Some Chinese analysts believe there is disquiet among other leaders,
which may come into the open after their façade of harmony for the
Olympics is dropped.

In one speech Zhang admitted that the March 14 incident had “seriously
destroyed social stability”.

“Afterwards, people were very scared. They even stopped going to the
monasteries to spin prayer wheels and chant sutras, a fact that tells us
that the Dalai Lama is the real criminal who is destroying Tibetan Buddhism.

“We must learn lessons from this issue and organise our masses to build
up an impregnable fortress against the tide of encirclement to beat our
enemy.”

Zhang has since proclaimed that conditions for schools, businesses and
offices in Lhasa are “normal”.

“But we are far from final victory because the Dalai Lama group, which
was exploited by western enemy forces, is making a new plan for
separatism,” he said. “So you, the leaders of work units, must guard
your gates and manage your people well. Let leaders of street committees
be vigilant and keep watch on all outsiders.

“Propaganda and education are our party’s greatest advantages. These are
the most useful weapons with which to defend ourselves against the Dalai
Lama group. So let the propaganda department work more actively to
expose its plots.”

The internal publication noted that the police, the government’s
religious bureau and all party branches should earnestly implement
Zhang’s instructions.

“Each department should make full use of those religious people who love
the motherland and love religion, in order to make the administrative
committees work with vigour.”

The “administrative committees” reproduce a standard Communist party
method of installing trusted cadres who will ensure obedience to its
policies inside any institution.

The head of propaganda in Tibet, Lie Que, was even more explicit in
remarks published by the official Tibet Daily on June 2.

“We must clean out the monasteries and strengthen the administrative
committees,” he said, “After that we will absolutely control them.”

China preserves the façade of an autonomous regional government in Lhasa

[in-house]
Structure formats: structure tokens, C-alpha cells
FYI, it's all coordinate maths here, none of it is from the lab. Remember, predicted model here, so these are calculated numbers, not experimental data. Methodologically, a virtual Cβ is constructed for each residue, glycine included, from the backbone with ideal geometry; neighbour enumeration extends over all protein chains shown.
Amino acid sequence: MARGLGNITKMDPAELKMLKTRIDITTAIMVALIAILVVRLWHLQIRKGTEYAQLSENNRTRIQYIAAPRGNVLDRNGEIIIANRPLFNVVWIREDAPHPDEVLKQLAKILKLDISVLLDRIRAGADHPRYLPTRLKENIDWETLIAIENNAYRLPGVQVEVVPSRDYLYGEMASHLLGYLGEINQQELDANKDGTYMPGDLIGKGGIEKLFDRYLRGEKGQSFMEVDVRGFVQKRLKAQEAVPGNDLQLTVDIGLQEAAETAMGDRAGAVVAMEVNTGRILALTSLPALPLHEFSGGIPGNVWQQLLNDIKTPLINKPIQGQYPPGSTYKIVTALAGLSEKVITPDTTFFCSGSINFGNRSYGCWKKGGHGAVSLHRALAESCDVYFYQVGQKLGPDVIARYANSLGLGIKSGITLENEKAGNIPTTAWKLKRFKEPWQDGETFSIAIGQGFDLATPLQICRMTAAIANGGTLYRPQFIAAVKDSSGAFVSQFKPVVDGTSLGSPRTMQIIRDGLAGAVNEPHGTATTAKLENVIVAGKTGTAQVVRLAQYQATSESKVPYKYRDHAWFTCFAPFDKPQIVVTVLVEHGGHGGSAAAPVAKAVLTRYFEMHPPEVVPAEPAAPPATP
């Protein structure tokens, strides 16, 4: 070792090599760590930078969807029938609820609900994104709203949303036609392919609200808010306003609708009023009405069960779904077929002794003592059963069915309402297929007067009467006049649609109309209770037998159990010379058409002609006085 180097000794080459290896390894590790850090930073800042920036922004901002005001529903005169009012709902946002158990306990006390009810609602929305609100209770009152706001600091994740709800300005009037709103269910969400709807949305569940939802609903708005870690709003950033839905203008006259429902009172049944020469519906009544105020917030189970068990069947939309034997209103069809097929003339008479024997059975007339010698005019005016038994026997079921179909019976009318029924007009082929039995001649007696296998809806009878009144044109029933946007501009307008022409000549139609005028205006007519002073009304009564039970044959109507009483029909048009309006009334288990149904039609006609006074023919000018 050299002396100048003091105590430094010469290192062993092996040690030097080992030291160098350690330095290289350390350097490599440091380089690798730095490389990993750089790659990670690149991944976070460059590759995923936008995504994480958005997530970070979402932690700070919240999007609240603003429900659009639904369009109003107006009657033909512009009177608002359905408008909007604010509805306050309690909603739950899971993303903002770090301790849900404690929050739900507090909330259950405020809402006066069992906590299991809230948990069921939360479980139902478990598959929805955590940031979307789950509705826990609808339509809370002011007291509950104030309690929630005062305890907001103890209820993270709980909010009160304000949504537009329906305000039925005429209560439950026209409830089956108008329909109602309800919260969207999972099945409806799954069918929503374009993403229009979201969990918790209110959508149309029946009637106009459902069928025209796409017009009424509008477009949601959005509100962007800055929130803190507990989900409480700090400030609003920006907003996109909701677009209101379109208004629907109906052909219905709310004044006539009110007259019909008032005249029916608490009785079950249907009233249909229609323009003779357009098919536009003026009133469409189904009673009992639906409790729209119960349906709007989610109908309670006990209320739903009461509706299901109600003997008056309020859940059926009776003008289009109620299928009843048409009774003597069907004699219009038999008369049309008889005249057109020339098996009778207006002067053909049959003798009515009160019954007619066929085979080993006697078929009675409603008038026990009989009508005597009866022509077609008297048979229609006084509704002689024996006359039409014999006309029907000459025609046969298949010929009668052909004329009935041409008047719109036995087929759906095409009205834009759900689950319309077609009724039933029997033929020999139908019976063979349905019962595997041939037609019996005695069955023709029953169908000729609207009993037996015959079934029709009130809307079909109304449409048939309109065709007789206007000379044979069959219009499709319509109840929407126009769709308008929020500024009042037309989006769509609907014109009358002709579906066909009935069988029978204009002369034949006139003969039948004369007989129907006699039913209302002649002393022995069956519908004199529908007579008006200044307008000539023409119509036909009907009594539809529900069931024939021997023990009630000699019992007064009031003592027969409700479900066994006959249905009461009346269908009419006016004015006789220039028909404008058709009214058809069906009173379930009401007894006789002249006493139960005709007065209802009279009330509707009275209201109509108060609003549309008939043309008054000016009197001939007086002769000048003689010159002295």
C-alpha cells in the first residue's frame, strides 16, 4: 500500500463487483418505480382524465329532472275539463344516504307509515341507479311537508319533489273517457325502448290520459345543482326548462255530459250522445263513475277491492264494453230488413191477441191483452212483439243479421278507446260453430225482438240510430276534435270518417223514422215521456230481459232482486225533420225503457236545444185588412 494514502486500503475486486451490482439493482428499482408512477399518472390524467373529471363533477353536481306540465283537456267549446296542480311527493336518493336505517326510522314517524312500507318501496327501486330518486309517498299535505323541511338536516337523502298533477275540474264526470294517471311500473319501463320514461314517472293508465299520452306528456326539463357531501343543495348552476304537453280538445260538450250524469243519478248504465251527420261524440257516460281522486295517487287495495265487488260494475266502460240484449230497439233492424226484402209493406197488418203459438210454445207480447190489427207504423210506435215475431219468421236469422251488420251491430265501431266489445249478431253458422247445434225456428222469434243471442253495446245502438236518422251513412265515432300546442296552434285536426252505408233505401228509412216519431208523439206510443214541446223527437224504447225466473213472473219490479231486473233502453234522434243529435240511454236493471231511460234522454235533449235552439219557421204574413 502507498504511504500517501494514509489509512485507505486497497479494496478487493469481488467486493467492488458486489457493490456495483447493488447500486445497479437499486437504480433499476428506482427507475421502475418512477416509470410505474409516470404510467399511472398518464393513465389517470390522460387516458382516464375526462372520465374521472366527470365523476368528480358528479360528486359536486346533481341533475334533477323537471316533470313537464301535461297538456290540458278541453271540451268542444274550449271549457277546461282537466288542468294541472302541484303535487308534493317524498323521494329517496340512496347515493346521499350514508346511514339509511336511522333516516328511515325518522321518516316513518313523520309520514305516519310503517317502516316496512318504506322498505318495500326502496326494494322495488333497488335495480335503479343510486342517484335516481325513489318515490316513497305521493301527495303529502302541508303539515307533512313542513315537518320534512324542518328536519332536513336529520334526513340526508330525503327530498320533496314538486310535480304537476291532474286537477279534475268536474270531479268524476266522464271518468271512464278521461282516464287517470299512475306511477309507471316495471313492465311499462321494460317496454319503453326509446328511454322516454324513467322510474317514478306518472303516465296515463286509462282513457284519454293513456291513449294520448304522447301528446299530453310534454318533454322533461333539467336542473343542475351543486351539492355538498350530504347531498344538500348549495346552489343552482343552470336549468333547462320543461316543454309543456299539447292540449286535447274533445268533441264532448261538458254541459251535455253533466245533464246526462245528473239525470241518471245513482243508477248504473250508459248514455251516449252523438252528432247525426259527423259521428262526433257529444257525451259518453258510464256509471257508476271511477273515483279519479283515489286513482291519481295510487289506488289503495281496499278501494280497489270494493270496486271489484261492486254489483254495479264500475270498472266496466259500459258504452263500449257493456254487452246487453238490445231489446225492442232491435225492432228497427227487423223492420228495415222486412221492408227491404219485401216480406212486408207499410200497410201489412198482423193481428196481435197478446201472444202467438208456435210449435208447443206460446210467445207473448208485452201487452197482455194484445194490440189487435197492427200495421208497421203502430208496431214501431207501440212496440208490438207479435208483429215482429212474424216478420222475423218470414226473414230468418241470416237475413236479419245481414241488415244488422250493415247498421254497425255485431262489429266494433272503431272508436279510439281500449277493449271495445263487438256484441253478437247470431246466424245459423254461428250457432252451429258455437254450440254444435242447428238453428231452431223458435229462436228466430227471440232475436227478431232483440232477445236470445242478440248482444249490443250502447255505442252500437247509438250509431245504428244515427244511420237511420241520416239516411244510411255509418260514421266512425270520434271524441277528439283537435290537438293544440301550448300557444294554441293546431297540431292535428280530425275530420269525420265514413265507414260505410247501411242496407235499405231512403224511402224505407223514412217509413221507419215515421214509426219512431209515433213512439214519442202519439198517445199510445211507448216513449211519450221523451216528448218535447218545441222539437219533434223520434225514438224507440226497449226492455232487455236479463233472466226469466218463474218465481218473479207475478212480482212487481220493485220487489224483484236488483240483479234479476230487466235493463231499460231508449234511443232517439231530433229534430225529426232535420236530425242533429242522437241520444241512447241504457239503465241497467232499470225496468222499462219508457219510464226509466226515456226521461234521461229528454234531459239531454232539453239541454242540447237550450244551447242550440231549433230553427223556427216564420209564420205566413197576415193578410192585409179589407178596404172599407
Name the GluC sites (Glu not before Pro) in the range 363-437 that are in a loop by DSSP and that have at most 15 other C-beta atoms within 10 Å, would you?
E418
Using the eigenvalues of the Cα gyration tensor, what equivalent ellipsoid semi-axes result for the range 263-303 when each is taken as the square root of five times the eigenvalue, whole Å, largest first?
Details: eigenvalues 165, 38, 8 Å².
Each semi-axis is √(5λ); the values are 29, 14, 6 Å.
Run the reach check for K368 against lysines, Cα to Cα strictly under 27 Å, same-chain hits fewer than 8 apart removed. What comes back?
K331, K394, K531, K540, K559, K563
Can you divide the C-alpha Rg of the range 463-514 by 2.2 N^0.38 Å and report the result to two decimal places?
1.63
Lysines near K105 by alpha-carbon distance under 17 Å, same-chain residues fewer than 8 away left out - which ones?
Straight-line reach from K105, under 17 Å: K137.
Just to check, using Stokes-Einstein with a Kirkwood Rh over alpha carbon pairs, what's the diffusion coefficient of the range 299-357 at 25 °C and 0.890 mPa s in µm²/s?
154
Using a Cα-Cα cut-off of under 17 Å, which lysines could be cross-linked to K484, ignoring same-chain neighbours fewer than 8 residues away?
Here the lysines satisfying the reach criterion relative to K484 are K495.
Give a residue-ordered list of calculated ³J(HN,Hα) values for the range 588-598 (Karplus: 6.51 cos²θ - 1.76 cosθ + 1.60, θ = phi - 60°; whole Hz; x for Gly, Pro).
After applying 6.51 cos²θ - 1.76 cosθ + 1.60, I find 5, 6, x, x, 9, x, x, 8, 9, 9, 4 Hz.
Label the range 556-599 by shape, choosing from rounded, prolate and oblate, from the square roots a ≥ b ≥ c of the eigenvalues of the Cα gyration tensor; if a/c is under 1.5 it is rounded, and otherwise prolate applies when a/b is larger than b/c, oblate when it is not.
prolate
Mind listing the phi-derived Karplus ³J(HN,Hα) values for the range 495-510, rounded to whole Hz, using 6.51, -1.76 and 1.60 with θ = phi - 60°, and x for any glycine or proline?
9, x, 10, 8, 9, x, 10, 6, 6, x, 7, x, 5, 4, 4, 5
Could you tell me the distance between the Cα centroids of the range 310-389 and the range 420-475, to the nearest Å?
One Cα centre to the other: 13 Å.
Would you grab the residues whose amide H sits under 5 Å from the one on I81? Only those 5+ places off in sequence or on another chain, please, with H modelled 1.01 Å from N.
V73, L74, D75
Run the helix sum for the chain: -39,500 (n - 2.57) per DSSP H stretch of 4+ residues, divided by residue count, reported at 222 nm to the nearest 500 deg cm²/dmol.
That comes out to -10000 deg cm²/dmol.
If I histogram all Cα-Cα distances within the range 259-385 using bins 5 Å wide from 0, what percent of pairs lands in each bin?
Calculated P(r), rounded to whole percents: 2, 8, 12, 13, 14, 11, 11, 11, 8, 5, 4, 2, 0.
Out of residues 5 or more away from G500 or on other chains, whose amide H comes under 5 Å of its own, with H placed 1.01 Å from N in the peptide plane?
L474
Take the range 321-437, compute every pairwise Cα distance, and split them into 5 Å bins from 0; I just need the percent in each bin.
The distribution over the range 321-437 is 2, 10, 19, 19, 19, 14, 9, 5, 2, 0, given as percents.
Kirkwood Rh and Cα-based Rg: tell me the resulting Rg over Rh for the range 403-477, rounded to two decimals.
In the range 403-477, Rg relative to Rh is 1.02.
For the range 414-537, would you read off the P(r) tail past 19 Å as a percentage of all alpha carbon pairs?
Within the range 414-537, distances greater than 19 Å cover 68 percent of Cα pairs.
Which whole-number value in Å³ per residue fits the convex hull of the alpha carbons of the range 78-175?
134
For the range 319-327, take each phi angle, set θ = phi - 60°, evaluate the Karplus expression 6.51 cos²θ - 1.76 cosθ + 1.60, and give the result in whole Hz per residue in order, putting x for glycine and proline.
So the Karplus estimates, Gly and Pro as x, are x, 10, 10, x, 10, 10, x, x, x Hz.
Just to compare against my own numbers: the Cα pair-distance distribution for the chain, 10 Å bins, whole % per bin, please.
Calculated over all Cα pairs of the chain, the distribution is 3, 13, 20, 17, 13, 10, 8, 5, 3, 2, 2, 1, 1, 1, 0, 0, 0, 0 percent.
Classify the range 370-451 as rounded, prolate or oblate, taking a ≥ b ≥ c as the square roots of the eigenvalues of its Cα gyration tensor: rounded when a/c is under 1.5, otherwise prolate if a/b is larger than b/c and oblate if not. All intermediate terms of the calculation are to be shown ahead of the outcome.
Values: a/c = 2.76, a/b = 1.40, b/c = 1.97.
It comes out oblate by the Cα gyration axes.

and has paraded ethnic Tibetan figureheads in front of foreign journalists.

In reality, Tibet is governed by the party and the army. The outskirts
of Lhasa are ringed by barracks. Every road in is blocked by
checkpoints. Real power rests with Zhang and the military commander of
Tibet, General Tong Guishan.

Zhang originally attracted international attention by characterising the
Dalai Lama as “a wolf in monk’s clothes, a devil with a human face”. He
rose up the hierarchy in Xinjiang, another remote and resource-rich
region troubled by separatism. As a reward for his loyalty, he was
transferred to the top job in Lhasa in 2005.

Since then he has accelerated campaigns against Tibetan culture and
religion, brought in more settlers on the world’s highest railway and
stepped up the exploitation of Tibet’s huge reserves of raw materials.

“The central government has used the whole country’s resources to help
Tibet since its peaceful liberation and has allowed Tibet to achieve
thousands of years of progress in just a few decades,” Zhang told a
group of cadres.

He appears immune to embarrassment. Welcoming the Olympic torch on its
heavily guarded tour through Lhasa on June 21, Zhang promised that he
would “totally smash” the Dalai Lama “clique”.

The IOC regretted that “political statements” had been made at the
event. But with top-level protection, Zhang appears supremely confident
of his authority to run a campaign that sounds to many Chinese like an
echo from history.